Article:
- A good salesman never looks boring. Again, if you’re just like everyone else, you won’t come off as having something to offer that’s uniquely valuable. You want to evince just a bit of compelling panache. If you’re at a high-formality level where dark suits and conservative ties are a must, add a colored pocket square instead of a white one, or wear black brogued bluchers instead of plain oxfords, just to break the rules a tiny bit and get people’s eyes on you.
- That said, never break the rules too much. Black brogues or dress boots instead of oxford shoes is fine; canvas sneakers or light brown leather saddle shoes with a suit is not.
- Have something eye-catching in your outfit. A metallic lapel pin works wonders, and is also a potential way to slip in another message — if you’re selling drilling equipment to Texas oilmen, for example, a small Texas A&M pin is not a bad idea. (Of course, you’d then better have some connection to the Aggies — don’t be a phony; you’ll get found out sooner or later.)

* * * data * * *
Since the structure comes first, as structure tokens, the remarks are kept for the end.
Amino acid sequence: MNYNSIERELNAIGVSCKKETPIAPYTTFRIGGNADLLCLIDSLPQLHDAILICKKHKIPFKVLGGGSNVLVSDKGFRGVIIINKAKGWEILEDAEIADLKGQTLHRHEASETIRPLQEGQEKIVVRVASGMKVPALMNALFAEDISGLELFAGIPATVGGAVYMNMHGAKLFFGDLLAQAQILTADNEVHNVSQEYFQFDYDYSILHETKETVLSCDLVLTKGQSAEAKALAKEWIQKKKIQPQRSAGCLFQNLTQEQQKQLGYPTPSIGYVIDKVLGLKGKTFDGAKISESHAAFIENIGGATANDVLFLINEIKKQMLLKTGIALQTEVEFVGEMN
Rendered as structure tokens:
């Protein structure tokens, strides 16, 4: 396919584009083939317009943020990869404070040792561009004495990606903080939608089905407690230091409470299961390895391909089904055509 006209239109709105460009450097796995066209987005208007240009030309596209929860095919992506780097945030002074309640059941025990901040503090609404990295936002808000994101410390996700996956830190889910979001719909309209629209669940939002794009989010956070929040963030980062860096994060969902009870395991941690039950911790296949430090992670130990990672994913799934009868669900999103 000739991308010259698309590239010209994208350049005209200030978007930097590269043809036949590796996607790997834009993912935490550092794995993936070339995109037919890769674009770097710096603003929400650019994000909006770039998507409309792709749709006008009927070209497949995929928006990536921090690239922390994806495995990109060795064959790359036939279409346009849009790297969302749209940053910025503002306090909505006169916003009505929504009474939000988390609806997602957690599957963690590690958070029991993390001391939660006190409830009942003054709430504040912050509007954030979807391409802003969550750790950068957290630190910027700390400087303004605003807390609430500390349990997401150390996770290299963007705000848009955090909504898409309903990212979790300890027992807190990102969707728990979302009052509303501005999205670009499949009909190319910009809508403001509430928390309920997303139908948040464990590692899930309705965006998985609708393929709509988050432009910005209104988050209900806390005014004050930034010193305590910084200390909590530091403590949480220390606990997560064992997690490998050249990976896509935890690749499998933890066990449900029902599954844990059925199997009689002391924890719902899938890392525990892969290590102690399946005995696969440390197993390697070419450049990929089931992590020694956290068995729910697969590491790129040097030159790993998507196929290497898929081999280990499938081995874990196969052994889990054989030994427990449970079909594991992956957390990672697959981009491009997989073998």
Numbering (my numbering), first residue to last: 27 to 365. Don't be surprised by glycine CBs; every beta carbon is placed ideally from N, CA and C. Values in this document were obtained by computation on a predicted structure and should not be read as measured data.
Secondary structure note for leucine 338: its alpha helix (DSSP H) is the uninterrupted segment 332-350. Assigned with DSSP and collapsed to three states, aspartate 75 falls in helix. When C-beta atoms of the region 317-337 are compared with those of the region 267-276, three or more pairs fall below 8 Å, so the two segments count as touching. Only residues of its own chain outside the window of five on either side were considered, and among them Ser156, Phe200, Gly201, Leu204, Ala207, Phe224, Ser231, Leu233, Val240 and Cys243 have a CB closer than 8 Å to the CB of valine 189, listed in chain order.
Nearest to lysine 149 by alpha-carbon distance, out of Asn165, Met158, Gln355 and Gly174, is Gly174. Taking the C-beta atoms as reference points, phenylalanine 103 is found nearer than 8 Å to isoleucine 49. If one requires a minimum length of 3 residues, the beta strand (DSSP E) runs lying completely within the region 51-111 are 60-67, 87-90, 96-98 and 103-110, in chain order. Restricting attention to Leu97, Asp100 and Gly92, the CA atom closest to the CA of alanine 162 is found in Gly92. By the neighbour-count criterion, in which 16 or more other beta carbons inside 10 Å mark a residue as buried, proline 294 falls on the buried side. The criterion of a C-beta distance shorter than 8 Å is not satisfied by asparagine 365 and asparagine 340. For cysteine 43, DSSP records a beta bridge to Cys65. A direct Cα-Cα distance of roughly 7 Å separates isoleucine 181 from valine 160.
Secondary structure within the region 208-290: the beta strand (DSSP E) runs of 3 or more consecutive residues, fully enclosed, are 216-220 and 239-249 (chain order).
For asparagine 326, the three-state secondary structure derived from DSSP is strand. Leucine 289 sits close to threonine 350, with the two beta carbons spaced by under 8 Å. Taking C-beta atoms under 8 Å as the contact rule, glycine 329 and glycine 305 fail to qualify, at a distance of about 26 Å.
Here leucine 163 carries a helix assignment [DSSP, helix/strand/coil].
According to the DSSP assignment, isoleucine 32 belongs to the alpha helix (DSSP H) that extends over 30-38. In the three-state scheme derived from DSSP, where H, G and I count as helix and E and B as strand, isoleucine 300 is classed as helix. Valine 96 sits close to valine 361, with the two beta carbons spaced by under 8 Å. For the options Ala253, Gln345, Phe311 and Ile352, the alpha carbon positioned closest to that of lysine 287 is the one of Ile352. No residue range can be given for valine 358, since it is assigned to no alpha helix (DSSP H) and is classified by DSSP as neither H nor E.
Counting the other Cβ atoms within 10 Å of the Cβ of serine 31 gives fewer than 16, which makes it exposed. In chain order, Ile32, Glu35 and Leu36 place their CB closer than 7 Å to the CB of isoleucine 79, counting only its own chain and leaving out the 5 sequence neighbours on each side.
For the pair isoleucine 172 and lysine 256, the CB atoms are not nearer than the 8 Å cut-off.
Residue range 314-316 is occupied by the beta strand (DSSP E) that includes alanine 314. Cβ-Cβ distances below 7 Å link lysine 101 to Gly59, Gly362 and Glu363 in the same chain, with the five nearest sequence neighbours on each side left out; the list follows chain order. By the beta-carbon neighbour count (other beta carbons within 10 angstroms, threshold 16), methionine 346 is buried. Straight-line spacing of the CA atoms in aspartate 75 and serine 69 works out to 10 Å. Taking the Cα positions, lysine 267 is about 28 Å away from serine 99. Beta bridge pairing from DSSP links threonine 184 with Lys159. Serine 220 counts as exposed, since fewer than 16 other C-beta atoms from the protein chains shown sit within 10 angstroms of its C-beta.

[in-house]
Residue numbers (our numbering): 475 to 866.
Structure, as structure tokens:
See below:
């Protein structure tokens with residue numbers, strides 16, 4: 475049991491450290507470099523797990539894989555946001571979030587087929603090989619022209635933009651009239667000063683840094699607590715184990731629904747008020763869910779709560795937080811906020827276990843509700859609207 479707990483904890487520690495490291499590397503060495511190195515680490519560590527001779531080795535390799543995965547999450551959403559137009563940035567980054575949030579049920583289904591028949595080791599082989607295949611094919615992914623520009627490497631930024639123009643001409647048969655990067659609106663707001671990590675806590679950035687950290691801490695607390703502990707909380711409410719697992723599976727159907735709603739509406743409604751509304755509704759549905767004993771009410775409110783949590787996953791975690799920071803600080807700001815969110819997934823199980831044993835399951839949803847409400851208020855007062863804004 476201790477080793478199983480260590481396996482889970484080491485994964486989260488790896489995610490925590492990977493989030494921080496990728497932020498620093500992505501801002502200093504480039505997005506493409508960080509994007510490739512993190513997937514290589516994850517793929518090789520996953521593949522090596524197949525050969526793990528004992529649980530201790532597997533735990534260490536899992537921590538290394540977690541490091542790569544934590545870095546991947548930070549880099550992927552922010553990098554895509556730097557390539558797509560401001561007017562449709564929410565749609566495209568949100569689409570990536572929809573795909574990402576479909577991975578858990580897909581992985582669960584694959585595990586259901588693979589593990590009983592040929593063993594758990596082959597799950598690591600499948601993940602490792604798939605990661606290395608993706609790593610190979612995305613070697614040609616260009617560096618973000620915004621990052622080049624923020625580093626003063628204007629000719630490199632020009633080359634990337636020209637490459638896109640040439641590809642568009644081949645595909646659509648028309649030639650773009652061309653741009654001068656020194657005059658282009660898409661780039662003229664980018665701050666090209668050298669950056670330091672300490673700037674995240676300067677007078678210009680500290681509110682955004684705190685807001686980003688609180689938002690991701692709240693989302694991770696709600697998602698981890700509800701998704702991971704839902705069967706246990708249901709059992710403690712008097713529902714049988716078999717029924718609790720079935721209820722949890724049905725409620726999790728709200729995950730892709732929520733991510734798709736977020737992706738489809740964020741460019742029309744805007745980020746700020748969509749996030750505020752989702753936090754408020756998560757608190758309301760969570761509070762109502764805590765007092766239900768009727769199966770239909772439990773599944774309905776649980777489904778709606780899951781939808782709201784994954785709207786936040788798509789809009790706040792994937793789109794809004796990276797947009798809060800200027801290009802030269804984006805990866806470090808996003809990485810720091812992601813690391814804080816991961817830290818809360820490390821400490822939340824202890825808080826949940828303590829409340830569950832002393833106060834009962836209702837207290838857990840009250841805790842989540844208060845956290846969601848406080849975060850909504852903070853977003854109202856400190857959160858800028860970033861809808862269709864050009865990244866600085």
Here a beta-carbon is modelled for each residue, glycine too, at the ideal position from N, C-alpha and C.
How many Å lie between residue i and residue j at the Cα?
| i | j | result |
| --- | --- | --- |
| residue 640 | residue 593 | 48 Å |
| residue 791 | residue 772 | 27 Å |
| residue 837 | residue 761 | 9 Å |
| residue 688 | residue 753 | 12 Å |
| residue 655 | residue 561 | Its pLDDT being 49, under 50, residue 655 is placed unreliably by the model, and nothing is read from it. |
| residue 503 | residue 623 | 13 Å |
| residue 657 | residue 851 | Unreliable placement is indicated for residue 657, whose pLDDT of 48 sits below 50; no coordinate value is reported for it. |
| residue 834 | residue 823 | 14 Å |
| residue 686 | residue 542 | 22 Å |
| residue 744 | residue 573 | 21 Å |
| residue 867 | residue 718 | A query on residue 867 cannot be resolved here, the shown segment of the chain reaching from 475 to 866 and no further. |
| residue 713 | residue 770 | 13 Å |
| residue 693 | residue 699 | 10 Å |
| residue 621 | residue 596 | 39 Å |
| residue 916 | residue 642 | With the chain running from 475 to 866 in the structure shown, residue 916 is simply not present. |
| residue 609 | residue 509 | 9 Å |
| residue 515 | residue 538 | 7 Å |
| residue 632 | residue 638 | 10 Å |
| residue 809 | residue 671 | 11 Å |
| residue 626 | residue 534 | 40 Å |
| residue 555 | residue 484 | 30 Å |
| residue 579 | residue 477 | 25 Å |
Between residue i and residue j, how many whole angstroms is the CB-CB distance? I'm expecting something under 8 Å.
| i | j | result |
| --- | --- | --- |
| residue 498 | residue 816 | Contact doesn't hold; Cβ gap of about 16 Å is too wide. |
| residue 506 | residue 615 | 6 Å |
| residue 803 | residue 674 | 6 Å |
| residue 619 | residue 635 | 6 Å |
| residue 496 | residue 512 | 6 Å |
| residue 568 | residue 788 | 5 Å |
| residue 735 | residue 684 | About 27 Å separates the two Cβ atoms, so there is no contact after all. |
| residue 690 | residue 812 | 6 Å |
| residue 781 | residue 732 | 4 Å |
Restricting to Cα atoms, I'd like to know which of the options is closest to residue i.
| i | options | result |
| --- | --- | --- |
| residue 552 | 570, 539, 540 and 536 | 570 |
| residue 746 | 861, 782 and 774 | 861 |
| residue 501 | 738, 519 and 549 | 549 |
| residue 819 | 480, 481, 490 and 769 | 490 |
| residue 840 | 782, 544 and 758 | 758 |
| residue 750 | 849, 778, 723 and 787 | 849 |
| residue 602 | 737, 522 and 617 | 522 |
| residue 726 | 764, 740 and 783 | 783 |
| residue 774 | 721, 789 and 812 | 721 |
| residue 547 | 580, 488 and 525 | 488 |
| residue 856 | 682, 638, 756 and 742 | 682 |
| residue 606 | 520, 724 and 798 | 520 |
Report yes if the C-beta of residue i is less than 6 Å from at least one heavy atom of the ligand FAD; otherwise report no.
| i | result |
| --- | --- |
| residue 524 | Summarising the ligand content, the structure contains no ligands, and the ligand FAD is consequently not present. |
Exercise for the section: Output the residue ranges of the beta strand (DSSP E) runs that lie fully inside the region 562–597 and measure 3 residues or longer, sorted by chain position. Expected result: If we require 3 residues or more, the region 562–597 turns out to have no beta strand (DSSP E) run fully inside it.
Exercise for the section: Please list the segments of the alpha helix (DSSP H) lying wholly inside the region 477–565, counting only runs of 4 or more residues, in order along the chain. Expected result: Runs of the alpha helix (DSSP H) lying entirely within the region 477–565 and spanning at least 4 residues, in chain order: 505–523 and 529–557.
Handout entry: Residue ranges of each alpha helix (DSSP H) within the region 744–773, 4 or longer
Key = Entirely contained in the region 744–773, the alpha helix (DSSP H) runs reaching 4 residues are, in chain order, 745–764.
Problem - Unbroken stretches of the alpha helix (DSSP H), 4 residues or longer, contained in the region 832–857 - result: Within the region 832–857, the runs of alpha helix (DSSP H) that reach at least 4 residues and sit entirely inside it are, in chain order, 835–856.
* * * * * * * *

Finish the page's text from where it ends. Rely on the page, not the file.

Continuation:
- Don’t look pushy. Very sharply-silhouetted suits, power ties, ostentatious cufflinks and watches, and other aggressive styles will make people think you’re rude before you’ve had a chance to open your mouth. That judgment will then color everything you say.
It can be a delicate balancing act to be eye-catching and enticing without seeming gauche. When in doubt, stick to classic styles and let one or two small accents do the talking for you.
2. “You Like Me” — How to Dress for Instant Camaraderie
The key to the sales pitch is connection with your audience. You want to be someone who, quite simply, the target likes too much to disappoint. This is what entices them into making a deal without questioning whether it’s the best one they could get or not.